11. The Nine Situations

51

For it is the soldier's disposition to offer an obstinate resistance when surrounded, to fight hard when he cannot help himself, and to obey promptly when he has fallen into danger.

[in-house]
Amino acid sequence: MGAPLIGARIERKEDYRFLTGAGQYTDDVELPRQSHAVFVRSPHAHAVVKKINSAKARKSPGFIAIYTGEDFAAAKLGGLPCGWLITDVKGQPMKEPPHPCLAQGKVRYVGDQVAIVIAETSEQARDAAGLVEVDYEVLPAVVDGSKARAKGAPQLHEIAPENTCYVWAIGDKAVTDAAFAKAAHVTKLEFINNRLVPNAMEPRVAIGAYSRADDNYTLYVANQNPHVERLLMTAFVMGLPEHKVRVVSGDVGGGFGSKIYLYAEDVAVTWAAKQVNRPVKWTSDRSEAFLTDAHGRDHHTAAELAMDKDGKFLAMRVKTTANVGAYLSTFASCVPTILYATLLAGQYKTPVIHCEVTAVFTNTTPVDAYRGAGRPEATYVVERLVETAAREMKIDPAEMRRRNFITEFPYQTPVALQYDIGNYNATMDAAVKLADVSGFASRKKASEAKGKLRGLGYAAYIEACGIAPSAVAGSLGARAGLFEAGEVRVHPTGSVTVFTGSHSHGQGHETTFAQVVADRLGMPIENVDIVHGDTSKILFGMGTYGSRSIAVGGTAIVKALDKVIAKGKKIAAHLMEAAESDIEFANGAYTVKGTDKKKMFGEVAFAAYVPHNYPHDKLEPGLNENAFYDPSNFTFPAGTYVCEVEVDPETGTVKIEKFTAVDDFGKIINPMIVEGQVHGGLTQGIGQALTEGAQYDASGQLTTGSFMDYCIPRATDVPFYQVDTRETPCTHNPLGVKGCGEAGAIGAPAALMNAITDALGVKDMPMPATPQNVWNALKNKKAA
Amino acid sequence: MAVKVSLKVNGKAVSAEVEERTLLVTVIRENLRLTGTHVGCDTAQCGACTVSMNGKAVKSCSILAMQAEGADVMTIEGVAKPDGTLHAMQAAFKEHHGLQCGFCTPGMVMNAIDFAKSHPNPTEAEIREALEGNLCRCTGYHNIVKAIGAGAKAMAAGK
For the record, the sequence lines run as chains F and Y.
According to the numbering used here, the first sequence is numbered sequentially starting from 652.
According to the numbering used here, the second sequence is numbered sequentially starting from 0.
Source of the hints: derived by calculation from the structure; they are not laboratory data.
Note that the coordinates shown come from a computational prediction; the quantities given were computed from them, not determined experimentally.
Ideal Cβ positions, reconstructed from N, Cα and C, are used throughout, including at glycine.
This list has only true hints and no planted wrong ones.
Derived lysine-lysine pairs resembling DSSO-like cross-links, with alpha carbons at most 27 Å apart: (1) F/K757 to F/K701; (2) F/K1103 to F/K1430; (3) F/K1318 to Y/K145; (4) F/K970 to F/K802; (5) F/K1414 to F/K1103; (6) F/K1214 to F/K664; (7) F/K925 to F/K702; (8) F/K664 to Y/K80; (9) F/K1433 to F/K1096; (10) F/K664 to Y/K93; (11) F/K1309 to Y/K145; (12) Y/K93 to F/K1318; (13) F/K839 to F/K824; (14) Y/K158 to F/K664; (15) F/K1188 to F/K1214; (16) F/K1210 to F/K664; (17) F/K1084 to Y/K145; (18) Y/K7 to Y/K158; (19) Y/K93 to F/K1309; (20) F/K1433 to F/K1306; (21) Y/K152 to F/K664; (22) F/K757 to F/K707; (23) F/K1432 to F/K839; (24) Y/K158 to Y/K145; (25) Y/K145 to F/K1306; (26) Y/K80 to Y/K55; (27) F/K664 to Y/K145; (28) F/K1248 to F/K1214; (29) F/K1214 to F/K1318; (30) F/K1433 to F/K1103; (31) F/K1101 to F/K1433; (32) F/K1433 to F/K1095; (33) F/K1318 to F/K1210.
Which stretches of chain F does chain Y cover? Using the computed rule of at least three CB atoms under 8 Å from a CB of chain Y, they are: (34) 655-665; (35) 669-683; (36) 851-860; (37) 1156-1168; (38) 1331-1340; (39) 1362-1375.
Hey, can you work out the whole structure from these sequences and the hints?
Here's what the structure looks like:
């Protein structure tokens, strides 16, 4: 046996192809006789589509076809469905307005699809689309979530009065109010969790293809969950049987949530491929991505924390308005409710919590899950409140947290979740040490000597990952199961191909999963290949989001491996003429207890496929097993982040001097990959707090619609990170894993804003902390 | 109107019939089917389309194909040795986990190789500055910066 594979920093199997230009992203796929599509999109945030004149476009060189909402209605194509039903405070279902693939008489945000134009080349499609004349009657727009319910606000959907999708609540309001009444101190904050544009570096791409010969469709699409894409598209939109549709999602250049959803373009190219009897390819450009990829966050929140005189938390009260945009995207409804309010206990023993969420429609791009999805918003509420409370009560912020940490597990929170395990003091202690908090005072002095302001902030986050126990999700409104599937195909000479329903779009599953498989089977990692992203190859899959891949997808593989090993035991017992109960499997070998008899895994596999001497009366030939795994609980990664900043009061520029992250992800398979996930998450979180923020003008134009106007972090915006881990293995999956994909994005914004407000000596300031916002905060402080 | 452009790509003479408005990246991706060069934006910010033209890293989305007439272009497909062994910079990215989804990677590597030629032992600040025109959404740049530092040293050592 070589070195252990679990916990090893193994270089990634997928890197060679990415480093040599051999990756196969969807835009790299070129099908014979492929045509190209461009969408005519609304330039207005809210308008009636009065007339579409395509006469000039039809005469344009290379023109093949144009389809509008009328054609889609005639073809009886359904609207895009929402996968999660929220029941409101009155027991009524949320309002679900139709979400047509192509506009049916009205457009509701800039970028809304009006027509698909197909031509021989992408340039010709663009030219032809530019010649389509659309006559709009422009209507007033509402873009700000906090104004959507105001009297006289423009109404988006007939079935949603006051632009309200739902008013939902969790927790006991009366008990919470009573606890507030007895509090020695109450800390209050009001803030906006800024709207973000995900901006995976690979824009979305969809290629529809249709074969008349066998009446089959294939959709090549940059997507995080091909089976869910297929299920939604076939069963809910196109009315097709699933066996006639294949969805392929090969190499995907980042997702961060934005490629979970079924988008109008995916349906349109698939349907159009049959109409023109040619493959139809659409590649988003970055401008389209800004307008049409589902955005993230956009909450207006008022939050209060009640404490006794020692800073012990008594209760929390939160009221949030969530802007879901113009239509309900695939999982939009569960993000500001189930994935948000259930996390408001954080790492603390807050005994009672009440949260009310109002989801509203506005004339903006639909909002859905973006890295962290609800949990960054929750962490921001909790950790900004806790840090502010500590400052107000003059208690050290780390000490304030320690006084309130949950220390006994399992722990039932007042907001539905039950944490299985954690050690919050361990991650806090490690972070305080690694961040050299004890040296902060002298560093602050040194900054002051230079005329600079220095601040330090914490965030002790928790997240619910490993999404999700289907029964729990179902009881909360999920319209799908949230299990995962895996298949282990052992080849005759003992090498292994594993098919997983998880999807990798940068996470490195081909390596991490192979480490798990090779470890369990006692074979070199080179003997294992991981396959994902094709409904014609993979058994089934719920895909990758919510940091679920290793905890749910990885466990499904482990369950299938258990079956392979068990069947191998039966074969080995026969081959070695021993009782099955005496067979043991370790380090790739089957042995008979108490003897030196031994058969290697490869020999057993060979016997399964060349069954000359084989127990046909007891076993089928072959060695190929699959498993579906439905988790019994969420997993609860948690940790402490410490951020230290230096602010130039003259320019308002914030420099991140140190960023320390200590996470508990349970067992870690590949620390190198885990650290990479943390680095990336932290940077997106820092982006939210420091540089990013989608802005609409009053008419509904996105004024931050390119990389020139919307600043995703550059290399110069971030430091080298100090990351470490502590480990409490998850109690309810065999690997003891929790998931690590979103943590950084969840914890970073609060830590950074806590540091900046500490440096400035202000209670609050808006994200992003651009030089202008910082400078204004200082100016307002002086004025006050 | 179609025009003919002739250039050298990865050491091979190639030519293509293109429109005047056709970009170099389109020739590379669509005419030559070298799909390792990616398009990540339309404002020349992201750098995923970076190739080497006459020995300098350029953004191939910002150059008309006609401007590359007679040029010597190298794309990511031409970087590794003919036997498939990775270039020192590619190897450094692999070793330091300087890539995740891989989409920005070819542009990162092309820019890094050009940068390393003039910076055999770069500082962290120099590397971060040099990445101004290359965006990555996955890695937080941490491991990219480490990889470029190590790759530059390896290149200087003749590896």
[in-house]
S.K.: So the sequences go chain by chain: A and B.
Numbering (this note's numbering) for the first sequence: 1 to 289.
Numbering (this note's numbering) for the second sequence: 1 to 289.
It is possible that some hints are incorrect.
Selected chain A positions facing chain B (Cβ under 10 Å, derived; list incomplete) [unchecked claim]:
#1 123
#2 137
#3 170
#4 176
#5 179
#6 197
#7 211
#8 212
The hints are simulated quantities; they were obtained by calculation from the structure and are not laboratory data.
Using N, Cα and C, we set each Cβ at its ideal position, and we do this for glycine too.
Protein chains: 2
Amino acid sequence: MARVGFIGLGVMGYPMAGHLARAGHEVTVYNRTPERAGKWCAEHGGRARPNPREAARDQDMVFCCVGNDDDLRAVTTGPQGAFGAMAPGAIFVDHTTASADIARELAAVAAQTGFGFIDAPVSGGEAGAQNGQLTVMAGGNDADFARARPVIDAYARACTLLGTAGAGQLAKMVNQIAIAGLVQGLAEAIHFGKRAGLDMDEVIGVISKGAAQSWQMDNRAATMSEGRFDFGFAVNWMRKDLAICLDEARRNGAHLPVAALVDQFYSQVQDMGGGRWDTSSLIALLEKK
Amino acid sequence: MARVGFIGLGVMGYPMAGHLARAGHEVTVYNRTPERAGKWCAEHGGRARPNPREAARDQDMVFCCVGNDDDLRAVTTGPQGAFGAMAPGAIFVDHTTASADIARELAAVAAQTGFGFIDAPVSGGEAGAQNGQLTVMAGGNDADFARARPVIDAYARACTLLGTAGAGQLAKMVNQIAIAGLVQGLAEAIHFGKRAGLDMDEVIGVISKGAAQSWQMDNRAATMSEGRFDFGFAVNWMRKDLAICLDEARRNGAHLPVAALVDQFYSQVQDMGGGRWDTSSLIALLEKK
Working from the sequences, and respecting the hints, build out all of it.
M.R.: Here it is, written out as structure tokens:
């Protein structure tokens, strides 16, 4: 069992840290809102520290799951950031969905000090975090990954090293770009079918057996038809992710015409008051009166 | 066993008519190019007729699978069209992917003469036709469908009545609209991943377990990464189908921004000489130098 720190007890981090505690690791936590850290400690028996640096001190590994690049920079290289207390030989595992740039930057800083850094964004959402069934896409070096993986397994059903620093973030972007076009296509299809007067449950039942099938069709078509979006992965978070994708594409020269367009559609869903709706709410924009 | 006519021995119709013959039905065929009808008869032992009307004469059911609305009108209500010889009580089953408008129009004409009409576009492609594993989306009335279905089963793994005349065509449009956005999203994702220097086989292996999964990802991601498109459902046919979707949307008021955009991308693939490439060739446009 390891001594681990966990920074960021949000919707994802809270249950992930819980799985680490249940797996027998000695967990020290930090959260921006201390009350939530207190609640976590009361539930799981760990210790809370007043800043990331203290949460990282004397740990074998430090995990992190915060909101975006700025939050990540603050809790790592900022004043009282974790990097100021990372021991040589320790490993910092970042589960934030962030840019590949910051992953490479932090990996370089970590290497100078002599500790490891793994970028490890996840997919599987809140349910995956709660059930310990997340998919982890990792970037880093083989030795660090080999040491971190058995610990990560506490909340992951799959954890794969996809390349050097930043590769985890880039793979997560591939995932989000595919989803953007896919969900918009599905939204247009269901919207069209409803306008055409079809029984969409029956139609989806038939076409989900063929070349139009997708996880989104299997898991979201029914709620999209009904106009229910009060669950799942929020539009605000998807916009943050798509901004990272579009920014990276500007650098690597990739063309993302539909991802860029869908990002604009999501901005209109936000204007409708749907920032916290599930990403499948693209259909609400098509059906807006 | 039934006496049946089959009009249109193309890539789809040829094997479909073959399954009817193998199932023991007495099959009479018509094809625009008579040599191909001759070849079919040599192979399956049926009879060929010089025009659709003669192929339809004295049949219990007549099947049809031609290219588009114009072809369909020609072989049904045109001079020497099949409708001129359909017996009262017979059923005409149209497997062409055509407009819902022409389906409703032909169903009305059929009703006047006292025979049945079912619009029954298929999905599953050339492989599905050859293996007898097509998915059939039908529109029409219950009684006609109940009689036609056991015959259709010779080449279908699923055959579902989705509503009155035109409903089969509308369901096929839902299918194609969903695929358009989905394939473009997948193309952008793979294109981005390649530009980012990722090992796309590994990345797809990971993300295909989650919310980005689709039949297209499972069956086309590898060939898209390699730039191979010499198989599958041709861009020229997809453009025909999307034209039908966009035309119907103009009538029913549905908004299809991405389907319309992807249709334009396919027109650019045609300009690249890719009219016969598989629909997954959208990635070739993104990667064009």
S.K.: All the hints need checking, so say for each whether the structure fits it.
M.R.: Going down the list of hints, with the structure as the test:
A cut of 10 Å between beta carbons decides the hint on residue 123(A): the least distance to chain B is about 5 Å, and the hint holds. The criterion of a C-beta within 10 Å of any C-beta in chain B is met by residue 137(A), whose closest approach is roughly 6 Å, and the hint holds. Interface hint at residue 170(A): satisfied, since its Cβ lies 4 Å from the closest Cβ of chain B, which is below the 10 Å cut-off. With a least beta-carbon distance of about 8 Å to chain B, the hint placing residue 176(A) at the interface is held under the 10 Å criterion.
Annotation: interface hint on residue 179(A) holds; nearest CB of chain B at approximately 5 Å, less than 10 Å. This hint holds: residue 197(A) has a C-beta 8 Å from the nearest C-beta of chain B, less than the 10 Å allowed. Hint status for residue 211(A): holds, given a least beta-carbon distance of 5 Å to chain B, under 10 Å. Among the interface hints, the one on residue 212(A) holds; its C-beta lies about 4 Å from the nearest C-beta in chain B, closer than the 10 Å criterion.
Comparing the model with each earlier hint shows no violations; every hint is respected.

Chang Yu alludes to the conduct of Pan Ch`ao's devoted followers in 73 A.D. The story runs thus in the HOU HAN SHU, ch. 47: "When Pan Ch`ao arrived at Shan-shan, Kuang, the King of the country, received him at first with great politeness and respect; but shortly afterwards his behavior underwent a sudden change, and he became remiss and negligent. Pan Ch`ao spoke about this to the officers of his suite: 'Have you noticed,' he said, 'that Kuang's polite intentions are on the wane? This must signify that envoys have come from the Northern barbarians, and that consequently he is in a state of indecision, not knowing with which side to throw in his lot. That surely is the reason. The truly wise man, we are told, can perceive things before they have come to pass; how much more, then, those that are already manifest!' Thereupon he called one of the natives who had been assigned to his service, and set a trap for him, saying: 'Where are those envoys from the Hsiung-nu who arrived some day ago?' The man was so taken aback that between surprise and fear he presently blurted out the whole truth. Pan Ch`ao, keeping his informant carefully under lock and key, then summoned a general gathering of his officers, thirty-six in all, and began drinking with them. When the wine had mounted into their heads a little, he tried to rouse their spirit still further by addressing them thus: 'Gentlemen, here we are in the heart of an isolated region, anxious to achieve riches and honor by some great exploit. Now it happens that an ambassador from the Hsiung-no arrived in this kingdom only a few days ago, and the result is that the respectful courtesy extended towards us by our royal host has disappeared. Should this envoy prevail upon him to seize our party and hand us over to the Hsiung-no, our bones will become food for the wolves of the desert. What are we to do?' With one accord, the officers replied: 'Standing as we do in peril of our lives, we will follow our commander through life and death.' For the sequel of this adventure, see chap. XII. ss. 1, note.

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